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Computer Laboratory

 

Solving Systems

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Exercises

Each of the exercises that you are going to do will have essentially the same instructions:

  1. Use NDSolve to solve the initial value problem on the interval given.
  2. Extract the individual components of the solution into separate variables using the "[[1,#,2]] trick" that you saw being used in the preliminary example.
  3. Plot the graphs of the each of the components of the solution on separate coordinate systems. There is no need to use color.

Exercise 1

A Simple First Order System in Two Dependent Variables

The following initial value problem is extremely similar to the one you saw me do in the preliminary example.

System Initial Conditions
x' = - x + 2y
y' = 2x - 3y
x(0) = 1
y(0) = 2

Solve it numerically, and plot the solution's components on the interval -1 ≤ t ≤ 2. I'm not going to give you any further instructions, but you can check the graphs of the solution's components if you want to see if you are on the right track.


Exercise 2

A Simple First Order System in Three Dependent Variables

The following initial value problem involves three independent variables. The method of solution is just a simple extension to what you have already been doing. Note the fact that the extra variable brings along an additional initial condition also. You will, of course, be providing three graphs as your answer to this problem, the usual two, and one of the z-component.

System Initial Conditions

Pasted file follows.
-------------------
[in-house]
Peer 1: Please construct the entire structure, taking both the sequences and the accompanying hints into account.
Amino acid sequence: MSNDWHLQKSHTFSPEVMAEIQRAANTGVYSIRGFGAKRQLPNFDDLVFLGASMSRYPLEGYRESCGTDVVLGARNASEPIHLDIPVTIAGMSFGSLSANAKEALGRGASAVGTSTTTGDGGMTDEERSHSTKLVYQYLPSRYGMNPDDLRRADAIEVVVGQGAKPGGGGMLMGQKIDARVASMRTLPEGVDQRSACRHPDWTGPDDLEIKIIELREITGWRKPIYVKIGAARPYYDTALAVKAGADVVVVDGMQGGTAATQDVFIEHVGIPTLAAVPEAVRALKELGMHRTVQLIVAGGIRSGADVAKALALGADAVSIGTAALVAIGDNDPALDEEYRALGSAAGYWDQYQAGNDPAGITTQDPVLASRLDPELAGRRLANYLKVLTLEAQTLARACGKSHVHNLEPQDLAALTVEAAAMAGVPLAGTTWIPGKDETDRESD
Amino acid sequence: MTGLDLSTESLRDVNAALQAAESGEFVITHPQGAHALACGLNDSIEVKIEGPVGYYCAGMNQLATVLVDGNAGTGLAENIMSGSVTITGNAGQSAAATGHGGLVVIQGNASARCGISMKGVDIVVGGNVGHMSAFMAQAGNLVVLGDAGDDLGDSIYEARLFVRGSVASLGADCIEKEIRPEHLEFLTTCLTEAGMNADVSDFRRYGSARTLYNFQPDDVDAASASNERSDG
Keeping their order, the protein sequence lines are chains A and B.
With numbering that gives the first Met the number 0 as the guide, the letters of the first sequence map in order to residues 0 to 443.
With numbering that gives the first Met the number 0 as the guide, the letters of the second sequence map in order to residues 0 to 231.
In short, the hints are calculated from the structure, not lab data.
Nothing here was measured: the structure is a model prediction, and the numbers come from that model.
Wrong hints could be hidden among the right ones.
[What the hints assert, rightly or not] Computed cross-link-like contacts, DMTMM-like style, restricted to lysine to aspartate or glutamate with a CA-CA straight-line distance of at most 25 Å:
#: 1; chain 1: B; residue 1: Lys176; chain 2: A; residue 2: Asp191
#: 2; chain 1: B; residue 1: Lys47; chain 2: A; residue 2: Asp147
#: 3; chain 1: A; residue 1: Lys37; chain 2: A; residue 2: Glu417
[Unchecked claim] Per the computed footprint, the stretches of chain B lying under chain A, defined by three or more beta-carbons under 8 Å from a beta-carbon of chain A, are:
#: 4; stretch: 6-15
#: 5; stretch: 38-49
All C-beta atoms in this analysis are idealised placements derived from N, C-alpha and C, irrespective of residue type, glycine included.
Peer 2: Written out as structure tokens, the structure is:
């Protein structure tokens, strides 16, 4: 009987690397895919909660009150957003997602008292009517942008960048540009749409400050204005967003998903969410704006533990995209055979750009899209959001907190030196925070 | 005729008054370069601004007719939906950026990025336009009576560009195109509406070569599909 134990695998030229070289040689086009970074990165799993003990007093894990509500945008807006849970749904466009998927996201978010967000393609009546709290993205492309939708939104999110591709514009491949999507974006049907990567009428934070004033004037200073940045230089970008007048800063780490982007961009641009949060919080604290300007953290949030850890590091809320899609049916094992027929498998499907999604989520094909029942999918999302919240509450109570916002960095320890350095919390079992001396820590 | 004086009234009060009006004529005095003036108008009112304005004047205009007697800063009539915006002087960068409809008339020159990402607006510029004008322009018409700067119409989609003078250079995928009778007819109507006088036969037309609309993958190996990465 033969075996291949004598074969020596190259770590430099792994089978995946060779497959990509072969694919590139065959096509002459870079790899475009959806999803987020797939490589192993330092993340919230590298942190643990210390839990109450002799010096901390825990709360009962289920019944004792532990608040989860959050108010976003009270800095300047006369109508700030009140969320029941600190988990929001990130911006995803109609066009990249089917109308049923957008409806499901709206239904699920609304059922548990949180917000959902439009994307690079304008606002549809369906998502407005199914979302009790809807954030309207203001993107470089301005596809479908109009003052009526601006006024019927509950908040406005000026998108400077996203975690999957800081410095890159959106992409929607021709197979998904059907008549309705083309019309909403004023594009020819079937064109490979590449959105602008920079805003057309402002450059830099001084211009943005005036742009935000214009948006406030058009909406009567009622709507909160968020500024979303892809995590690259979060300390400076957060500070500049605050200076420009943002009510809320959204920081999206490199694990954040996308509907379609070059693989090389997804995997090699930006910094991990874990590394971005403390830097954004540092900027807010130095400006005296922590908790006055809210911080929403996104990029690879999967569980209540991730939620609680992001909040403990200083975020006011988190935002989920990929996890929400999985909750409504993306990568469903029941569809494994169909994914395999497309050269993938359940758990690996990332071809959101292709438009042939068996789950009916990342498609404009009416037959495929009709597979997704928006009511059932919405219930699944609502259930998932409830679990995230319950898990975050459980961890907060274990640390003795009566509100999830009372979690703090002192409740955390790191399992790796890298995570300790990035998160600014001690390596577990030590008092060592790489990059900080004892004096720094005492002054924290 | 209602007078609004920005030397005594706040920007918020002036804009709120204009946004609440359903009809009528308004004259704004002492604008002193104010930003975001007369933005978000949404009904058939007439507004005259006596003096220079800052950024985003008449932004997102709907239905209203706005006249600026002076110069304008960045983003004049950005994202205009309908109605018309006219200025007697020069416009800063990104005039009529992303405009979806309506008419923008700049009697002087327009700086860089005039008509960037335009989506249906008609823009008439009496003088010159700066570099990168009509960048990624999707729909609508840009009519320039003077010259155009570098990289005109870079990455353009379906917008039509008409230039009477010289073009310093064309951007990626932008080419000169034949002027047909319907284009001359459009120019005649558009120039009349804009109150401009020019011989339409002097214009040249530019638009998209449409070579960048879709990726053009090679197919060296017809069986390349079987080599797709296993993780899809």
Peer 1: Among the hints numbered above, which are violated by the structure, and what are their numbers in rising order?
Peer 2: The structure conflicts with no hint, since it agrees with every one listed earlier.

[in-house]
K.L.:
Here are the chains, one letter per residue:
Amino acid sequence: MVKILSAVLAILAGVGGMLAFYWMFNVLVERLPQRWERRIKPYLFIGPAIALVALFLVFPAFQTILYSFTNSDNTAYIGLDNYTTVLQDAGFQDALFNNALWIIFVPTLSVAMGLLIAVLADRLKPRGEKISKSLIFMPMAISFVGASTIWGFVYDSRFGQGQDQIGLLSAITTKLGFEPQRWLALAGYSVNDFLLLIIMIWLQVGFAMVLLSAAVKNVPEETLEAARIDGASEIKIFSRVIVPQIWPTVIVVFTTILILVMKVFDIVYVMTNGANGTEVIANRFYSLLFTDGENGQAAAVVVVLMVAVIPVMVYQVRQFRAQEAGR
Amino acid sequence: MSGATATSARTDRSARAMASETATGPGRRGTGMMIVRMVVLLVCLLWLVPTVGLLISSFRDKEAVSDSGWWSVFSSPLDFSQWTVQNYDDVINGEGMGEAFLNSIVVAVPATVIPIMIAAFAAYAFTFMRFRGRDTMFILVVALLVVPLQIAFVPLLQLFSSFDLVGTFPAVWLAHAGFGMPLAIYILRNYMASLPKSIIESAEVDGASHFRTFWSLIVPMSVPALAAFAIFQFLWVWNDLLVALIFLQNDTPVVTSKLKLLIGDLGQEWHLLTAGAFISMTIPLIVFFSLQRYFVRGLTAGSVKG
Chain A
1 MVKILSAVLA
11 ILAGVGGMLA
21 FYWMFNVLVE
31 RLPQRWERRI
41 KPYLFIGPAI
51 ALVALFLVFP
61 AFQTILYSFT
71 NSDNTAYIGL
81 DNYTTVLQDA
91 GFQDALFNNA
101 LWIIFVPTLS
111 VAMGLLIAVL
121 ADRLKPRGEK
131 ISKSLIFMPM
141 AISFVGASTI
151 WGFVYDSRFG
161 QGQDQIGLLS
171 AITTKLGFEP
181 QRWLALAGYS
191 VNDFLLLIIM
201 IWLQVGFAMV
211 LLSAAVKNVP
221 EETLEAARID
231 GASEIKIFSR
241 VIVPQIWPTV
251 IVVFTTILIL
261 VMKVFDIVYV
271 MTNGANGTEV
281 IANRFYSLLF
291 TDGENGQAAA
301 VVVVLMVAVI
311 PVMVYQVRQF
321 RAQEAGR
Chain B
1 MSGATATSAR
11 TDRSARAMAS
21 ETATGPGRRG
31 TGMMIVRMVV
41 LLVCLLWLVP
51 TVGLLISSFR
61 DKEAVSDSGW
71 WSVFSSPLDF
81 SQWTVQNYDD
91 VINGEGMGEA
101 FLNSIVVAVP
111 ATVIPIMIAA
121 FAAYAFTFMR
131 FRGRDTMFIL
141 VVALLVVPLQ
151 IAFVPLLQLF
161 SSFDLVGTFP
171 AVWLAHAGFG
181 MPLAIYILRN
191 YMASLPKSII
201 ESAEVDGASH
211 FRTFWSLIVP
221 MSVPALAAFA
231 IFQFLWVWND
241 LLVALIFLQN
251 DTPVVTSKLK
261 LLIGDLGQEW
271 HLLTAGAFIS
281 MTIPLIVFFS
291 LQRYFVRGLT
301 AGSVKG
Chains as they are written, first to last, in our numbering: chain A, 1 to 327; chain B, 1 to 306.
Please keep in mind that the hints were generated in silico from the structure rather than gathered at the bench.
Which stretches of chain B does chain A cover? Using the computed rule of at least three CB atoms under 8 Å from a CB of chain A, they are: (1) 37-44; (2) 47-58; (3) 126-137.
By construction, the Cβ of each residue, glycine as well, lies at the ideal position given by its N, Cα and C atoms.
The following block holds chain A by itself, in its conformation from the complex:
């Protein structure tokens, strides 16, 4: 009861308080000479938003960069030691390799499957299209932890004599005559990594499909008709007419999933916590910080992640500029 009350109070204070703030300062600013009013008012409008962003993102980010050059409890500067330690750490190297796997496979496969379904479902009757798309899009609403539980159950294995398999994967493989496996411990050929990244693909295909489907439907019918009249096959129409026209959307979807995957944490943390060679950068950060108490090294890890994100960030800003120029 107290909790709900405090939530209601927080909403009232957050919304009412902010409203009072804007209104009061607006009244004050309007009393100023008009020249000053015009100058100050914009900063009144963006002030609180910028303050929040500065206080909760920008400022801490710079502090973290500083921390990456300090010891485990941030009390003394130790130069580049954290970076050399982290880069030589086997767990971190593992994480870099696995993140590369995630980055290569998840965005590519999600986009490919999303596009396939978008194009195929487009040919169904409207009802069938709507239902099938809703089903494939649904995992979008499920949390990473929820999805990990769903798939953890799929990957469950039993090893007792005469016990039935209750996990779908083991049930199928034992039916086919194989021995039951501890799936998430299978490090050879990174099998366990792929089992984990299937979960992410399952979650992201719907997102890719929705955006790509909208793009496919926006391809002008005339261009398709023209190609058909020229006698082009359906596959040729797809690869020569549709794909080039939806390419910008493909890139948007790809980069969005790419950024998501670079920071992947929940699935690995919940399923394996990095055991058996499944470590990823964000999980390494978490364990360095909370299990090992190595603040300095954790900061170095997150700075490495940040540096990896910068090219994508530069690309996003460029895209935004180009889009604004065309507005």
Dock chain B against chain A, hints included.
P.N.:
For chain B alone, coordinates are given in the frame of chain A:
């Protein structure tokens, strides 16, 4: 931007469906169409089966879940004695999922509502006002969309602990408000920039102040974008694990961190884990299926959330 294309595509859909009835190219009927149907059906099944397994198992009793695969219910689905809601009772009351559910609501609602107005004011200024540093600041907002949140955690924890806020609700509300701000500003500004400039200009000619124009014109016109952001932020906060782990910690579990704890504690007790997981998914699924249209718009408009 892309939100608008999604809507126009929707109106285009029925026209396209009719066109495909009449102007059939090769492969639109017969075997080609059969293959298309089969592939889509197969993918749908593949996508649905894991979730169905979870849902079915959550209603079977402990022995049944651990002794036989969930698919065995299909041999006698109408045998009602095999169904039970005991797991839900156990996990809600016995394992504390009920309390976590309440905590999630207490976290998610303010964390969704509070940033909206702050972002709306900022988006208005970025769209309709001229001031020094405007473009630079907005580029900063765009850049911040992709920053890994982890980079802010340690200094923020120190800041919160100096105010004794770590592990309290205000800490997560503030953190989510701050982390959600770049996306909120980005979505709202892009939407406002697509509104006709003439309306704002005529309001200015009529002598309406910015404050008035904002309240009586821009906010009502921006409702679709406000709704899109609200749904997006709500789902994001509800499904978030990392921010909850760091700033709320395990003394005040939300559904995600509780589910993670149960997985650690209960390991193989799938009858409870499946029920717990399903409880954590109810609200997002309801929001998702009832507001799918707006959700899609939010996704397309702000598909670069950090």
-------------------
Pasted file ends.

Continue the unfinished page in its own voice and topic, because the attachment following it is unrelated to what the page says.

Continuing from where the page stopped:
x' = 3x + 2y - z
y' = x - y + 4z
z' = 4x + y
x(0) = 1
y(0) = 2
z(0) = 0

Solve it numerically, and plot the solution's components on the interval -1 ≤ t ≤ 1. I'm not going to give you any further instructions, but you can check the graphs of the solution's components if you want to see if you are on the right track.


Exercise 3

A Second Order System in Two Dependent Variables

The following initial value problem involves second derivatives. As a result, each variable requires two initial conditions. The method of solution is once again just a simple extension of the problems you have already done. We'll be back to making just two graphs for the solution of this problem. Don't forget that to form the "double prime" in Mathematica you need to hit the single quote key twice, not the double quote key.

System Initial Conditions
x'' = x' + 2y'
y'' = 2x' - 3y
x(3) = 1
x'(3) = 0
y(3) = -2
y'(3) = 1

Solve it numerically, and plot the solution's components on the interval 0 ≤ t ≤ 6. I'm not going to give you any further instructions, but you can check the graphs of the solution's components if you want to see if you are on the right track.


You have now completed this laboratory. You may now return to its beginning, go to the Table of Contents of all the Differential Equations Laboratories, or simply quit altogether.


Compass If you're lost, impatient, want an overview of this laboratory assignment, or maybe even all three, you can click on the compass button on the left to go to the table of contents for this laboratory assignment.
 
 

ODE Laboratories: A Sabbatical Project by Christopher A. Barker

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e-mail:
cbarker@deltacollege.edu